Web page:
Tuesday, April 9, 2013

April 9 Releases, 2013

By: Emily Votaw, Features & Interviews Editor

The week of April 9, 2013, is just not a good one if you, you know, like music. Right off the bat we’ve got some real clunkers: Paramore, Brad Paisley, Stone Sour and even the infamous Paul Anka--bringing the softest of rock and the strangest of cover selections to his latest release.

Paramore was got pretty big sometime around 2007, and the world has been regretting whatever horrible toxic agent polluted the national water supply enough to make an entire generation of eighth graders purchase Riot! ever since. To me, this is nothing but boring pop punk riffs and dead percussion. But to some, Paramore is one of the defining bands of my generation, so maybe I’m missing something. Listening to the singles the band has been releasing over the past several months--and believe you me, this took some mighty self discipline on my part--I discovered one thing: I still really, really, really don’t enjoy Paramore. I couldn’t advise watching the video for “Now” because I don’t think I “got” it either. There are people in a desert, a guy in a military uniform--I don’t understand. 

Up next is Brad Paisley. Need I say more? If there is a man who single-handedly encapsulates the culture that has forever changed modern country music, it is Brad Paisley. I don’t like so many things about Brad Paisley. Once again, that’s just my snotty take on Mr. Paisley. I did grow up in a very rural area, and at some point, modern country-rock started to get under my skin. Warning: his new album is entitled Wheelhouse--and I want you to know that that is the word for that goofy little room on a boat where they keep the steering wheel. I hope you have been to Put-In-Bay, and I hope that you have ridden Miller’s Ferry, because one of those boats (which takes people to the most depressing party isle on Lake Erie) is a perfect depiction of what a “wheelhouse” is. I know that Paisley is probably not trying to conjure anything nautical with the title of his latest release--I just desperately hope that he is.

I mentioned Paul Anka earlier--and I do intend to write about him, but I need to save the “best” for last because, sadly, the guy who sang “Diana” is arguably the most artistically legitimate of the last two acts I named off. Really, this album, cleverly titled Duets, is made up of just that--a collection of duets that Anka recorded with all types of odd and kind of boring musicians. You’ve got Patti LaBelle, Michael Jackson, Tom Jones, Gloria Estefan and, of course, no truly vanilla recording would be complete without Michael BublĂ©! I can’t say that I enjoy this material, and it’s not just because it’s showing all the classic symptoms of “Grandma Music”--it’s because the duets just aren’t cohesive. There is too much jumping around, and this just does feel like a collection of mediocre crooner songs.

I know I have been rather negative, and perhaps not as eloquent as I could have been. I just feel like I owe it to my fellow music-lovers to let them know that this week of releases is just a big ol’ barrel of stinkers.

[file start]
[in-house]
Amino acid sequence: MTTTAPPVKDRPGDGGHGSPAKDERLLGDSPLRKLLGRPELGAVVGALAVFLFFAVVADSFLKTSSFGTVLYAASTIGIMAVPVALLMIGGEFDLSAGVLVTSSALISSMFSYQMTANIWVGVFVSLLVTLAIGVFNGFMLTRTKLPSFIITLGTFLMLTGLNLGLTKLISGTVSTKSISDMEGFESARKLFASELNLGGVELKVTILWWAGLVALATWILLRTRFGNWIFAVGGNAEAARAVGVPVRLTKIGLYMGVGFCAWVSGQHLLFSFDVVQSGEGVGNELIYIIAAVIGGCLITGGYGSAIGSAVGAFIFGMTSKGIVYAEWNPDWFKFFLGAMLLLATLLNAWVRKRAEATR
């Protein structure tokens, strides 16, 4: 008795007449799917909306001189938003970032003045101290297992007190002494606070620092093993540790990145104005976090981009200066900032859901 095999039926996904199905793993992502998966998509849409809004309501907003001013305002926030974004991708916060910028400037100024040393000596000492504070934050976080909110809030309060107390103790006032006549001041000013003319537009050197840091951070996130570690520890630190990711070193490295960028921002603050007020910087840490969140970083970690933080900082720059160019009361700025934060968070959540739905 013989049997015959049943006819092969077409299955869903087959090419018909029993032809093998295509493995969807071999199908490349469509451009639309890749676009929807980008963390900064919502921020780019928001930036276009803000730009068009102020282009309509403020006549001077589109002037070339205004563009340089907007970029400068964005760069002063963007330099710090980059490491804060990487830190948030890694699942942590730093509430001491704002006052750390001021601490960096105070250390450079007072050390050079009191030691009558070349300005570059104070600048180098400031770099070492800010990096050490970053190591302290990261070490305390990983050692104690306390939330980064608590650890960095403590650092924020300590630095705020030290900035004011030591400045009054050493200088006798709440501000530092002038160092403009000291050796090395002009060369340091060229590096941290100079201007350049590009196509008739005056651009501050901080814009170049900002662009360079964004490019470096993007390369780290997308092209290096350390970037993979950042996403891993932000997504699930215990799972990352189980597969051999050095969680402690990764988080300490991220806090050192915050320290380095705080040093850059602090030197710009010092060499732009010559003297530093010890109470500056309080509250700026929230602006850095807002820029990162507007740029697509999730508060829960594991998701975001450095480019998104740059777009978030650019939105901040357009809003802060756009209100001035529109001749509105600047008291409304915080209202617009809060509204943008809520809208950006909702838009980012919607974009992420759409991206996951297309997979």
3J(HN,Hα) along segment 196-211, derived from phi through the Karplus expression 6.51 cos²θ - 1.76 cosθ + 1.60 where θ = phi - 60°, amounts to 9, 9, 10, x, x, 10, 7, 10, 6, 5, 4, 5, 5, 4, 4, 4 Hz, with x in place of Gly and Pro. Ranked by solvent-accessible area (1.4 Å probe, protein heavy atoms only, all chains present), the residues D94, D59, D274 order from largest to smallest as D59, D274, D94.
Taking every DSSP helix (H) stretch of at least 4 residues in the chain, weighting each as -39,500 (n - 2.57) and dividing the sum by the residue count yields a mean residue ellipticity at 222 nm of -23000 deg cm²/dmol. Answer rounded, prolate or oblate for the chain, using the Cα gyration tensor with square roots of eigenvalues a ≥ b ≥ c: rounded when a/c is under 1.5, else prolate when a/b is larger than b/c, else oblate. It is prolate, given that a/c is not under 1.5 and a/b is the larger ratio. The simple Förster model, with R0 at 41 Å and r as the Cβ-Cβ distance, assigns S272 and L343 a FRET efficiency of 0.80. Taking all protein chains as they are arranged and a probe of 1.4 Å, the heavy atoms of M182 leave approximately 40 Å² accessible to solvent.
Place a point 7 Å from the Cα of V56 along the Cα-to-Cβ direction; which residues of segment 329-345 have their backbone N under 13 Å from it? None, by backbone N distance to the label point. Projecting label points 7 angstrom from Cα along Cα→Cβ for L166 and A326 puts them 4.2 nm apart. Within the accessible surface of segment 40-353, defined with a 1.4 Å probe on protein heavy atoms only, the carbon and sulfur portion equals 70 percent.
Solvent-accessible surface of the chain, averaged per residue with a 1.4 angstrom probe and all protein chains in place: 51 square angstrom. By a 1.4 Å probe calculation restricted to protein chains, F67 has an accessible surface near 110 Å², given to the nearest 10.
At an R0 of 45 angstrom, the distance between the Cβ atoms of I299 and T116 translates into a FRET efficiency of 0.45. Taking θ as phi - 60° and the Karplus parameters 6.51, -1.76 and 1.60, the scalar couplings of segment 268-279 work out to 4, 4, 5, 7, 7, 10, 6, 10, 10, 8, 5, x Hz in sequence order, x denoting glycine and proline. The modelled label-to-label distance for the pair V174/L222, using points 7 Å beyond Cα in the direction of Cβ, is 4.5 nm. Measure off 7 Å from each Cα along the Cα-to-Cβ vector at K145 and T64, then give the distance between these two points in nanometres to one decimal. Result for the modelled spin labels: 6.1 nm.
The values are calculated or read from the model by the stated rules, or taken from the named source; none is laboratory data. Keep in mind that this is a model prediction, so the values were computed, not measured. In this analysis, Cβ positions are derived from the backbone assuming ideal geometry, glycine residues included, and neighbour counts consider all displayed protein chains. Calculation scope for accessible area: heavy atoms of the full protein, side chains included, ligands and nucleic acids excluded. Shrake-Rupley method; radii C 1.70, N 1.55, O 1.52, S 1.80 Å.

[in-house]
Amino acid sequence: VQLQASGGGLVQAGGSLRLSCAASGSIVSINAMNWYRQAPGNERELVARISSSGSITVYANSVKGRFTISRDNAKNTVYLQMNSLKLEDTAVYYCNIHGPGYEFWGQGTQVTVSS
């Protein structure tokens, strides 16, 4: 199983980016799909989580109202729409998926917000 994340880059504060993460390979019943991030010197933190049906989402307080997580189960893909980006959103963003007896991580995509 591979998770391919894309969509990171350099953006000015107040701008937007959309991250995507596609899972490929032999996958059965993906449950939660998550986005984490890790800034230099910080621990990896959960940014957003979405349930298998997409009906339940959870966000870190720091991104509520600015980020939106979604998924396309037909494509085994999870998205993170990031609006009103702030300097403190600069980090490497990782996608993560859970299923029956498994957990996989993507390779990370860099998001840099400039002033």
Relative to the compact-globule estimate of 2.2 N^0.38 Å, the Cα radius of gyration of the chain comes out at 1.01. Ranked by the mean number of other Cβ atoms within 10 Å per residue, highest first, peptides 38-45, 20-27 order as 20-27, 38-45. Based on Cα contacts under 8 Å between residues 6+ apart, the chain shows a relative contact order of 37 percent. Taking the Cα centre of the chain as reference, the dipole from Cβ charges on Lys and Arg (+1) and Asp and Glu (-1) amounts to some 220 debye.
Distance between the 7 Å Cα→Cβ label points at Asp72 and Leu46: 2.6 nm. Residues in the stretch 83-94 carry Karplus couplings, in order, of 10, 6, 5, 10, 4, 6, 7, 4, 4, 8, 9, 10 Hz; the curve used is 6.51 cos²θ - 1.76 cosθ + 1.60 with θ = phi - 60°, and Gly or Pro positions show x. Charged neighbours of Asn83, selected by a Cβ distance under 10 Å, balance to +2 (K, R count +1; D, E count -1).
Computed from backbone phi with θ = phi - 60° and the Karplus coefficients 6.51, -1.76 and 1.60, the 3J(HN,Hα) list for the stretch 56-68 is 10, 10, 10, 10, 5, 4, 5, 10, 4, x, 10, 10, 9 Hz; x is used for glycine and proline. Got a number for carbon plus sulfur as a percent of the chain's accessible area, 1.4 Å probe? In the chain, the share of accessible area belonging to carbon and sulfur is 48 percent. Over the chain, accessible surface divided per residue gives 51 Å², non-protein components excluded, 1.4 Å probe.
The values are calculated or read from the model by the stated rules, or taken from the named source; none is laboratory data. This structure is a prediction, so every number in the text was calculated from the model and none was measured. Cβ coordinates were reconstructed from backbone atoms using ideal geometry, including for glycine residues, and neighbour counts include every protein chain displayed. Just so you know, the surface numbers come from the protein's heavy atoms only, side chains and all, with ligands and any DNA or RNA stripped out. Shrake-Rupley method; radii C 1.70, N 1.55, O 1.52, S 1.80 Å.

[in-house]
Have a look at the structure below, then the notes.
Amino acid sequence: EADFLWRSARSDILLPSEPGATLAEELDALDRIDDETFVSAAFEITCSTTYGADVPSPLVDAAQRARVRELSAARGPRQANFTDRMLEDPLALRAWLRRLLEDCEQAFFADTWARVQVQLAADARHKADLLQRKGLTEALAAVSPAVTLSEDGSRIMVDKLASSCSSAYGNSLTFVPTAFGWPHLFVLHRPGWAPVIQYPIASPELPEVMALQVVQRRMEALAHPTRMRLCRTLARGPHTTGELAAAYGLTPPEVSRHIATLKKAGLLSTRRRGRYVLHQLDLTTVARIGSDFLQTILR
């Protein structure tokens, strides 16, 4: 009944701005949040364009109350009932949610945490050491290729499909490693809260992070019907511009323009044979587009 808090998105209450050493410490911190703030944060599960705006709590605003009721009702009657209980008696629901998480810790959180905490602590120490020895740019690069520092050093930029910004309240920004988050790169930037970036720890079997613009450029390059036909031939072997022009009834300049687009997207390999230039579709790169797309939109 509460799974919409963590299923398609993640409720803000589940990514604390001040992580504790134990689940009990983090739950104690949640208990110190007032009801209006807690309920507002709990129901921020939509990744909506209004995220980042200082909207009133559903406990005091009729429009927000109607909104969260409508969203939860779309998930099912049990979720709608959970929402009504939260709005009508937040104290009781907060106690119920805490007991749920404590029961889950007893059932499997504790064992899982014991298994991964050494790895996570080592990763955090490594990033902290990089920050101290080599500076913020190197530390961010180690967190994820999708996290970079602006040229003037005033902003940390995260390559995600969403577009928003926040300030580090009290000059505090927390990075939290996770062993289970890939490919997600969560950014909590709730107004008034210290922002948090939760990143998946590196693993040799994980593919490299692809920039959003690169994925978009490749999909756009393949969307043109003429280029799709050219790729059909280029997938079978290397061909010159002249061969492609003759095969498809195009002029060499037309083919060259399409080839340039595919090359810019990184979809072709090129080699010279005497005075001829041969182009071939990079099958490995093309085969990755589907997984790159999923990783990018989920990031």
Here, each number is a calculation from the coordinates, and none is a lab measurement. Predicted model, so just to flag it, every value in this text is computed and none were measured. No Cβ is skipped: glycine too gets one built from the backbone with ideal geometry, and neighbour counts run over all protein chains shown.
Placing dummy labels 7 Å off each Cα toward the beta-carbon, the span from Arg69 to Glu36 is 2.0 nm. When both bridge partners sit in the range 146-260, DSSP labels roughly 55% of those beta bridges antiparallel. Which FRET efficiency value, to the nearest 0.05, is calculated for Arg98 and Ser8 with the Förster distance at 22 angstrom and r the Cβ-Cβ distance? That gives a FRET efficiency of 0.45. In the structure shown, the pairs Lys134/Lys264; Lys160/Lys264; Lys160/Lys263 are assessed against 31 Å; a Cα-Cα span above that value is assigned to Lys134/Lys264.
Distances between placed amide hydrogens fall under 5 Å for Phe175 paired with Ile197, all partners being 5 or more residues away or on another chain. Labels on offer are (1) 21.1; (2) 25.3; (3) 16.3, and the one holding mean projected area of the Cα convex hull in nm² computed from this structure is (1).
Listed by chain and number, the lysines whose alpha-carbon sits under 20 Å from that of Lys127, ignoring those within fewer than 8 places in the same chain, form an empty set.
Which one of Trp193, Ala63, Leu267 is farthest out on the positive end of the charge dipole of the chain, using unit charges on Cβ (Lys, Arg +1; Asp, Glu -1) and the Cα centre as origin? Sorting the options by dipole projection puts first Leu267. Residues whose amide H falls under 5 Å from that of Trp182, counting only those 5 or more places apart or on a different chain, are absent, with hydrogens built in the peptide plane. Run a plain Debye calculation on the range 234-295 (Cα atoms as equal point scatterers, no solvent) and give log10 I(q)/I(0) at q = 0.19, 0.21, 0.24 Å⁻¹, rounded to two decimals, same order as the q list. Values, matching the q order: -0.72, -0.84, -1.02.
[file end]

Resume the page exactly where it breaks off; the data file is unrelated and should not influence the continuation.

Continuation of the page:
Tuesday, April 2, 2013

April 2 Releases, 2013

By: Zack Baker, Copy Editor

This week has basically been the week from hell for me. I’ve been buried under papers, exams and quizzes for every single one of my classes, so taking a break from all that stress to check out this week’s new music was much needed for me. And luckily, this week’s releases rule in so many different ways.

Up first is Tyler, The Creator’s Wolf. If you’ve been paying attention to music at all for the past few years, you know who Tyler is. The ringleader of hip-hop collective Odd Future, Tyler’s been putting out music that varies in theme from offensive jokes about rape and homophobia to introspective tracks about his estranged father and social anxiety issues. His collective’s gained quite a following, and the follow-up to his 2011 release Goblin has been hotly anticipated. Wolf is a continuation of these themes, and while production quality has gone up significantly, the weird split between Tyler’s styles has only become more prominent. Next to the album’s numerous high points (“Jamba,” “Answer,” “IFHY,” “Rusty,” “Tamale” and “Lone”), a lot of the songs on this 18 track opus fall flat.

The Cold War Kids also dropped Dear Miss Lonelyhearts and, even though I’ve never listened to the group before, I thought I’d give it a shot. Based on what little I know about the band, this album definitely seems to be incorporating a lot more electronic stuff than their previous albums (it’s 2013, what else is new?). Lots of really thumping basslines here, and Nathan Willett’s vocals fit right in with the chaotic instrumentals below them. Seems like some pretty groovy stuff for anyone looking for a harder take on indie rock with a dash of electronic influence thrown in for good measure.

So, New Kids On The Block are apparently back. How could I pass up the opportunity to see what a band who peaked well before my time are producing well after their prime? 10 is an album with a deeply confusing name (it’s not the ten year anniversary of anything as far as I can tell, nor their tenth studio album), a fantastically outdated album cover and no discernable style of its own. Particularly strange and hilarious is “Remix (I Like The),” which sounds like what would happen if Nickelback tried to do a psuedo-dance track and talked about remixes as a metaphor for a female dancing. Pretty much everything else here sounds like an attempt to bring the boy band craze back, and while it’s nice to reminisce about what bad taste we all had back then, the album doesn’t serve any purpose other than that.

This week also brings the release of new albums from Alkaline Trio and Bring Me The Horizon if you like your music on the heavier side, and Telekinesis and Generationals if you’re more keen to the indie rock persuasion.